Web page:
I distinctly remember reading this Business 2.0 Magazine piece published back in May 2007 about Kevin Ham, ‘the most powerful dotcom mogul you’ve never heard of’. If you’re interested in the domain name business (lovingly called the nasty cybersquatter rat nest by some), I suggest you read it in full.
Here’s an interesting passage just in case you’re a little time-stressed:
And what few people know is that he’s also the man behind the domain world’s latest scheme: profiting from traffic generated by the millions of people who mistakenly type “.cm” instead of “.com” at the end of a domain name. Try it with almost any name you can think of — Beer.cm, Newyorktimes.cm, even Anyname.cm — and you’ll land on a page called Agoga.com, a site filled with ads served up by Yahoo.
Ham makes money every time someone clicks on an ad — as does his partner in this venture, the West African country of Cameroon. Why Cameroon? It has the unforeseen good fortune of owning .cm as its country code — just as Germany runs all names that end with .de. The difference is that hardly any .cm names are registered, and the letters are just one keyboard slip away from .com, the mother lode of all domains. Ham landed connections to the Cameroon government and flew in his people to reroute the traffic.
Notably, this was after Cameroon set up its own scheme to make money off typo traffic: in August 2006, word got out that the operators of the domain name extension (state-owned Camnet) had wild-carded its ccTLD and was monetizing all the incoming traffic using ad-filled pages. Every single time someone accidentally typed in “.cm” instead of “.com”, Camnet was collecting.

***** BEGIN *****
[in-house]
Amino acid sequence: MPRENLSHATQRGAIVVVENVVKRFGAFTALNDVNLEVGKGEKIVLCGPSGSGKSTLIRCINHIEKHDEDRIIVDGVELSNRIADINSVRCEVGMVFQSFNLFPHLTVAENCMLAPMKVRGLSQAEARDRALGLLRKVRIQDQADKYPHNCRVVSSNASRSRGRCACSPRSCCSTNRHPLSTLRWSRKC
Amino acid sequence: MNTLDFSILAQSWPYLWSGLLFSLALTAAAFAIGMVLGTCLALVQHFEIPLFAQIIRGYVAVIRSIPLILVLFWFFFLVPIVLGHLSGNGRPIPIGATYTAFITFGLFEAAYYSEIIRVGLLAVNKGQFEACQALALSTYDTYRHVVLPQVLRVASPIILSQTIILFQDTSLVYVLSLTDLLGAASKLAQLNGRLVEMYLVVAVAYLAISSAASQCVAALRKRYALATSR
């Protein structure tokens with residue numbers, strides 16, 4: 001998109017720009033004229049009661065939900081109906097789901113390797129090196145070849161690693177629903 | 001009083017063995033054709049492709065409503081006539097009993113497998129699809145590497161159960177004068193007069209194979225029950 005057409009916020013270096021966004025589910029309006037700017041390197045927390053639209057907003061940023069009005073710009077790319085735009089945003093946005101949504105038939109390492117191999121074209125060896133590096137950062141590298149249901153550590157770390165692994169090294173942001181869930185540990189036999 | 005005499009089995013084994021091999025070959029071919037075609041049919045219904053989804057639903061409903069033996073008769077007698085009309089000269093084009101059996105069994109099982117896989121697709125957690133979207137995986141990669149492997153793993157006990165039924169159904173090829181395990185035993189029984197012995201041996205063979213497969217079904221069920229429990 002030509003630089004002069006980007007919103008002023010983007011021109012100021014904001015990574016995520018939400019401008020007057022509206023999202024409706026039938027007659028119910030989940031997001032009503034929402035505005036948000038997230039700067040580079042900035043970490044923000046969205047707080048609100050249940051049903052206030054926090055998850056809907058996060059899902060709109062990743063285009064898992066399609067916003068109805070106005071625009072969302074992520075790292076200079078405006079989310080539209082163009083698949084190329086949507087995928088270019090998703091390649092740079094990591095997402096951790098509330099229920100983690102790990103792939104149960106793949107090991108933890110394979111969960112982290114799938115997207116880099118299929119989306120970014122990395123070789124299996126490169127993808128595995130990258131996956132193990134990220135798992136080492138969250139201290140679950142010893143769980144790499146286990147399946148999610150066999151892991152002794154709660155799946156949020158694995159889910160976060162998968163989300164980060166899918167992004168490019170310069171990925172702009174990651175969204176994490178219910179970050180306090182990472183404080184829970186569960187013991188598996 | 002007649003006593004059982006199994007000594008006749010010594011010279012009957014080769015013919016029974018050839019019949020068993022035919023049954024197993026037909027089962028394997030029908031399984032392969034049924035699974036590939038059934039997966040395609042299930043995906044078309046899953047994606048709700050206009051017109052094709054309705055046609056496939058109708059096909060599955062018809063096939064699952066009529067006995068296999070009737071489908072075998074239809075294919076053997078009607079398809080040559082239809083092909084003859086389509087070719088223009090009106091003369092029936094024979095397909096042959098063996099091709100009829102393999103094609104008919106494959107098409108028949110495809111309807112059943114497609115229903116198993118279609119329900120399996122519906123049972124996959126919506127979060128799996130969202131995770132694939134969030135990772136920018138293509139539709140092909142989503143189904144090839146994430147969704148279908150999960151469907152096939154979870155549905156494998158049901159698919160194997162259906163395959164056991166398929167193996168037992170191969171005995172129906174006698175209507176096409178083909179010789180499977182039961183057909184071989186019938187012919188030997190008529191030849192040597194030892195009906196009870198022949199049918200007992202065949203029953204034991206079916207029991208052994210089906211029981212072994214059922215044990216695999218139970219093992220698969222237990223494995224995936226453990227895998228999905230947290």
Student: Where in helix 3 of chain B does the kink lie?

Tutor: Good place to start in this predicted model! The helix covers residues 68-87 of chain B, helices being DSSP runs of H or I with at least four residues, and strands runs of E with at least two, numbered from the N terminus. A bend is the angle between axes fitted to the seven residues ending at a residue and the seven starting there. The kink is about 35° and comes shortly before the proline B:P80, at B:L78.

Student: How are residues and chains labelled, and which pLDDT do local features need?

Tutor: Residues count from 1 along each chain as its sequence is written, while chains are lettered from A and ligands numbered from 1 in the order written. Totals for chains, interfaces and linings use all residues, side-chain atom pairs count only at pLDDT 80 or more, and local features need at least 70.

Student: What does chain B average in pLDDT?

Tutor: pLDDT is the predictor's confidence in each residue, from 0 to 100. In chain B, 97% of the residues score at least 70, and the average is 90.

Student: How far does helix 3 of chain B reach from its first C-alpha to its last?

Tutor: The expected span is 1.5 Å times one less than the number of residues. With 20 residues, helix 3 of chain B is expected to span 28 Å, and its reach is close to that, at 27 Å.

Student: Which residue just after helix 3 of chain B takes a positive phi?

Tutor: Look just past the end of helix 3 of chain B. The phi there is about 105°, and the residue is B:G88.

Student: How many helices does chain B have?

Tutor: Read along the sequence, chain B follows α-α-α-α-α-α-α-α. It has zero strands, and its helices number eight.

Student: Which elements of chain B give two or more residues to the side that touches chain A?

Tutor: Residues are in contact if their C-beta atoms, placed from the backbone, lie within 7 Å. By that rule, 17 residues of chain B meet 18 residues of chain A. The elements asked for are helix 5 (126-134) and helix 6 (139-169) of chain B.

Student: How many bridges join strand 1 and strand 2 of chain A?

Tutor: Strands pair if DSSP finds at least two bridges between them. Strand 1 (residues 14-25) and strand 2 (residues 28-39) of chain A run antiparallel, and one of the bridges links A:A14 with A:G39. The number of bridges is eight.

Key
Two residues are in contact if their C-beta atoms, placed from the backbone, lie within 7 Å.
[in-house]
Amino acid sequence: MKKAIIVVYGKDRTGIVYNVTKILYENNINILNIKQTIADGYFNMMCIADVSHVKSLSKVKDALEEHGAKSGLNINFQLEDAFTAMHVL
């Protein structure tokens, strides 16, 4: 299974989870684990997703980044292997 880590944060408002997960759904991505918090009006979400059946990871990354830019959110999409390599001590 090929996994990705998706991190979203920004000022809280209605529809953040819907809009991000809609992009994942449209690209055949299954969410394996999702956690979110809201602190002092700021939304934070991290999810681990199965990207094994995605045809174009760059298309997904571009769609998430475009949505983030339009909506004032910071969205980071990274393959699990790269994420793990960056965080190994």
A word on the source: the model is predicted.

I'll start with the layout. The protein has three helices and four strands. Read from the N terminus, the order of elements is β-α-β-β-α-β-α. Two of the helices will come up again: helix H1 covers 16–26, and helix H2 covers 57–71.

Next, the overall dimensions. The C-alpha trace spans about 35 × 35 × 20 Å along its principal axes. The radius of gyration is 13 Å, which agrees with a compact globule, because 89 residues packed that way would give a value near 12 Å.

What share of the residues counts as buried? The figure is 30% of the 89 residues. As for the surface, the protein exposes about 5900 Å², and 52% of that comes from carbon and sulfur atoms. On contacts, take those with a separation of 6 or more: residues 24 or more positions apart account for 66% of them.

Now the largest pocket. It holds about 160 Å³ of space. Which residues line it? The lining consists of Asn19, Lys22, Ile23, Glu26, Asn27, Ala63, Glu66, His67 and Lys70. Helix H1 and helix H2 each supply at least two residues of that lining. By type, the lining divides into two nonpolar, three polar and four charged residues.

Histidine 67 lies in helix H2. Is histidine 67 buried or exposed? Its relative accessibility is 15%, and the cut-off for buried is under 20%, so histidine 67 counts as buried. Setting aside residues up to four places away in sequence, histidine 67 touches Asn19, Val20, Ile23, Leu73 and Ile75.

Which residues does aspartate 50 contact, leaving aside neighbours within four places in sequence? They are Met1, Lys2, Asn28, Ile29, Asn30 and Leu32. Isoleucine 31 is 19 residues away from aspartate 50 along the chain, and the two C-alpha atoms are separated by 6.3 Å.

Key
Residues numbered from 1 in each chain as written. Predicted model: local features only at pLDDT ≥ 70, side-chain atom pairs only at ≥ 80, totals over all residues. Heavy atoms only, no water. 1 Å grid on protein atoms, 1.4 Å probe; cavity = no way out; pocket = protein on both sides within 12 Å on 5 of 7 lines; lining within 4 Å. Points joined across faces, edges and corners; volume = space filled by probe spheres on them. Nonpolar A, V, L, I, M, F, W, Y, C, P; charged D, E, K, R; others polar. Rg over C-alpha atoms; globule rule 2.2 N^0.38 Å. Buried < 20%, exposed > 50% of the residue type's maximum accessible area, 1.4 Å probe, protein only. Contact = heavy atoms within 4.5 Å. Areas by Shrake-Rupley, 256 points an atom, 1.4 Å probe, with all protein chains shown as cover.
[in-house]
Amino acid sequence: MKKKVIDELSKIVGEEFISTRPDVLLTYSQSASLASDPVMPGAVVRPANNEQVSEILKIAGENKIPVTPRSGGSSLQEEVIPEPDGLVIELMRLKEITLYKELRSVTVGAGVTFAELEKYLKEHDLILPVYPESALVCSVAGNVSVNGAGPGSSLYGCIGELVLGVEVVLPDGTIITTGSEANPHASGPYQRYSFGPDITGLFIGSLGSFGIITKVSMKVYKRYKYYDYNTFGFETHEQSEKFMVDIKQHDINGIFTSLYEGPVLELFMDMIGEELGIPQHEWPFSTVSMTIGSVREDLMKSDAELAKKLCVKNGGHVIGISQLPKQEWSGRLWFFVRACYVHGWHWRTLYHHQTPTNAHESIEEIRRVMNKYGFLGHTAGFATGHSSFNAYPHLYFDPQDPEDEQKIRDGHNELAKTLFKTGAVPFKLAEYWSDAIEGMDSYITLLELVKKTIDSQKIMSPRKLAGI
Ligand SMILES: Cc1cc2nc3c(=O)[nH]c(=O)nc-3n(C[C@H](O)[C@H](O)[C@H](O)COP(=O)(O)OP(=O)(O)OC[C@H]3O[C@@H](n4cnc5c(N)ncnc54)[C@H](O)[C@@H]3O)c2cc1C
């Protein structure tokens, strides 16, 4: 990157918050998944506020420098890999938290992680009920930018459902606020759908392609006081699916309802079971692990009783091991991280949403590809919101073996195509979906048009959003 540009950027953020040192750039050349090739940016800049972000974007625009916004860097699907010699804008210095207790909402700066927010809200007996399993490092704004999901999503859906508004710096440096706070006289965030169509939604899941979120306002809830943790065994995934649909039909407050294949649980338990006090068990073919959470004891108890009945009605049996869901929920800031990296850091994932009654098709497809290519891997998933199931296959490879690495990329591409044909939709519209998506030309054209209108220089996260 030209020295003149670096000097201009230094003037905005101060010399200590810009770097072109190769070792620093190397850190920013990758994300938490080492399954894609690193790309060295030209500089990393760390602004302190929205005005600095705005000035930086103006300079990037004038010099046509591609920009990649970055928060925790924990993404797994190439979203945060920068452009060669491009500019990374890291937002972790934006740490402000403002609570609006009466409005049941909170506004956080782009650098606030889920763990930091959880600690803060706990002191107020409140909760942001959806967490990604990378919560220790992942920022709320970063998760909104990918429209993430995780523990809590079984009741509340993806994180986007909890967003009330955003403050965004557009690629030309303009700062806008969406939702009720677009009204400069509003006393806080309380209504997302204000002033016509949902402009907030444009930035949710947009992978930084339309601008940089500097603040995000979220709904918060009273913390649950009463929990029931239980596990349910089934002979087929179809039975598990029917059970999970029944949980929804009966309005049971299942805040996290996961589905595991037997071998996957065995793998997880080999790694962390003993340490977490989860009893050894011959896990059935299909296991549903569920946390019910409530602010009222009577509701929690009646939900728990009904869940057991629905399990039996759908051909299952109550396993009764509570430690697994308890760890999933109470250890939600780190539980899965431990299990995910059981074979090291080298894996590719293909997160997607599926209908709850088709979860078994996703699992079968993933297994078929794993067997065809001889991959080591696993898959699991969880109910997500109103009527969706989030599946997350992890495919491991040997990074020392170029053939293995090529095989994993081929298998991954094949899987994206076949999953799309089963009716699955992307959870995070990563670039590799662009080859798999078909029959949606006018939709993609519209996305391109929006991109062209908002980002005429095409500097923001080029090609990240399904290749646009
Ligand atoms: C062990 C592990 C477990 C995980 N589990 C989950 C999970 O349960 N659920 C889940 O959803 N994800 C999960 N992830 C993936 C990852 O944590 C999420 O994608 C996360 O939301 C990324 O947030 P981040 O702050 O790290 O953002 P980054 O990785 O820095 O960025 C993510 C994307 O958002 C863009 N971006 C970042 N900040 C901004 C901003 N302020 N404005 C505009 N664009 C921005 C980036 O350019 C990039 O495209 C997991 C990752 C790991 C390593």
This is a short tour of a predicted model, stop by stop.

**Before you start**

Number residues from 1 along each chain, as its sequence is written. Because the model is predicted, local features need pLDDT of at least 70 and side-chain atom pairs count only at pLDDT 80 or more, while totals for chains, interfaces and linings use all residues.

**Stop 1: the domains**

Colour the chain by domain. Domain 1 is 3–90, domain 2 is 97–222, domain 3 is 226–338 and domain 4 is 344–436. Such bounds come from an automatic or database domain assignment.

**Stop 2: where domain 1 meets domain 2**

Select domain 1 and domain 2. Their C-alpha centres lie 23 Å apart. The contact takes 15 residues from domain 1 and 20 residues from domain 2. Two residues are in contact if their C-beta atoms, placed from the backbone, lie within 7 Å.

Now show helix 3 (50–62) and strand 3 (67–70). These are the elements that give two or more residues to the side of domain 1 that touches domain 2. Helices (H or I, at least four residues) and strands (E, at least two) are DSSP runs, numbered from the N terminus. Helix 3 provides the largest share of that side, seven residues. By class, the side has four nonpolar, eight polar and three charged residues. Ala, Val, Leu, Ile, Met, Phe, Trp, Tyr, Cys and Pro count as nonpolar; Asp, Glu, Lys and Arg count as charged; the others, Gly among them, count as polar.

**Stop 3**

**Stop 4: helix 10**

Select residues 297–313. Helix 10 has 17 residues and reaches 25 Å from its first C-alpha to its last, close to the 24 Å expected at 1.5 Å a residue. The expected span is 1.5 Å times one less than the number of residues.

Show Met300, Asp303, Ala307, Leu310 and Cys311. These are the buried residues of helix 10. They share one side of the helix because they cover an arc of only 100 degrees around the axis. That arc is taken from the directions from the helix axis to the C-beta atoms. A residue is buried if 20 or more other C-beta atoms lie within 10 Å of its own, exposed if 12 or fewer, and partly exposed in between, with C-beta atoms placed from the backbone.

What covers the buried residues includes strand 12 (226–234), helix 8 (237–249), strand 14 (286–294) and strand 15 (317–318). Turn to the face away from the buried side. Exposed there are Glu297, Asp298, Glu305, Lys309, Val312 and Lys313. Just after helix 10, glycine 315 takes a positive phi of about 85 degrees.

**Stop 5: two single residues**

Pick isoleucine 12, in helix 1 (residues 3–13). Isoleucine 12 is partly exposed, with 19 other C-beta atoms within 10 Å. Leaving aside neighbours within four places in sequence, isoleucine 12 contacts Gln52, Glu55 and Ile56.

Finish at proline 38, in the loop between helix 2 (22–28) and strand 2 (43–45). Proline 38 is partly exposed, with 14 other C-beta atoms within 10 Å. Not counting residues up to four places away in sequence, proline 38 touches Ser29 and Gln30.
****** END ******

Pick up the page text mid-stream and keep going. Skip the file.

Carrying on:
That was then, and this is now: millions of people are, of course, still mistakenly typing “.cm” instead of “.com” at the end of a domain name, and they’ll probably keep doing that for a very long time, too. But beer.cm, newyorktimes.cm and anyname.cm don’t resolve any more, although you’ll notice google.cm, microsoft.cm, ebay.cm and amazon.cm don’t exactly lead you to where you’d assume they would.
And today someone pointed me to a page on eNomCentral stating that eNom and its partner, domain name aftermarket auction company NameJet, have exclusively started accepting pre-orders for .cm domains. From what I can gather, you can pre-order .cm domain names starting next week (July 15) until the end of the month (July 31st), free of charge. After this so-called land-rush period, the first auctions will start on Tuesday, August 4th and continue on a schedule that will be communicated via email with the participants in those auctions. Each auction will be 3 days in length.
They’re not even trying to hide the fact that you’ll likely register them for the type-in traffic:
The .CM registry has previously only allowed registrations under .CO.CM, .COM.CM and .NET.CM, meaning this is your chance to register a second level .CM domain name. Although best known for being just one letter and keystroke away from a few of the most highly recognizable domains, .CM provides many potential benefits.
Note that eNomCentral customers who see their domains successfully awarded through auction will be charged $350 (including a minimum 2 year registration), so even though the actual pre-ordering is free, the registration is not.
On the list of featured and popular .cm pre-orders, you’ll find recognizable (and trademarked) names like YellowPages.cm, Slide.cm, 37Signals.cm and Ask.cm. Very curious to find out what will happen to those after July 31st.
Also wondering what impact the public availability of the .cm domain name (starting August 1) will have, if any. If I’d have to venture a guess, I’d say people who dislike people who are in the ‘domain name real estate business’ will have one more thing to complain about real soon.
What’s your opinion about all of this?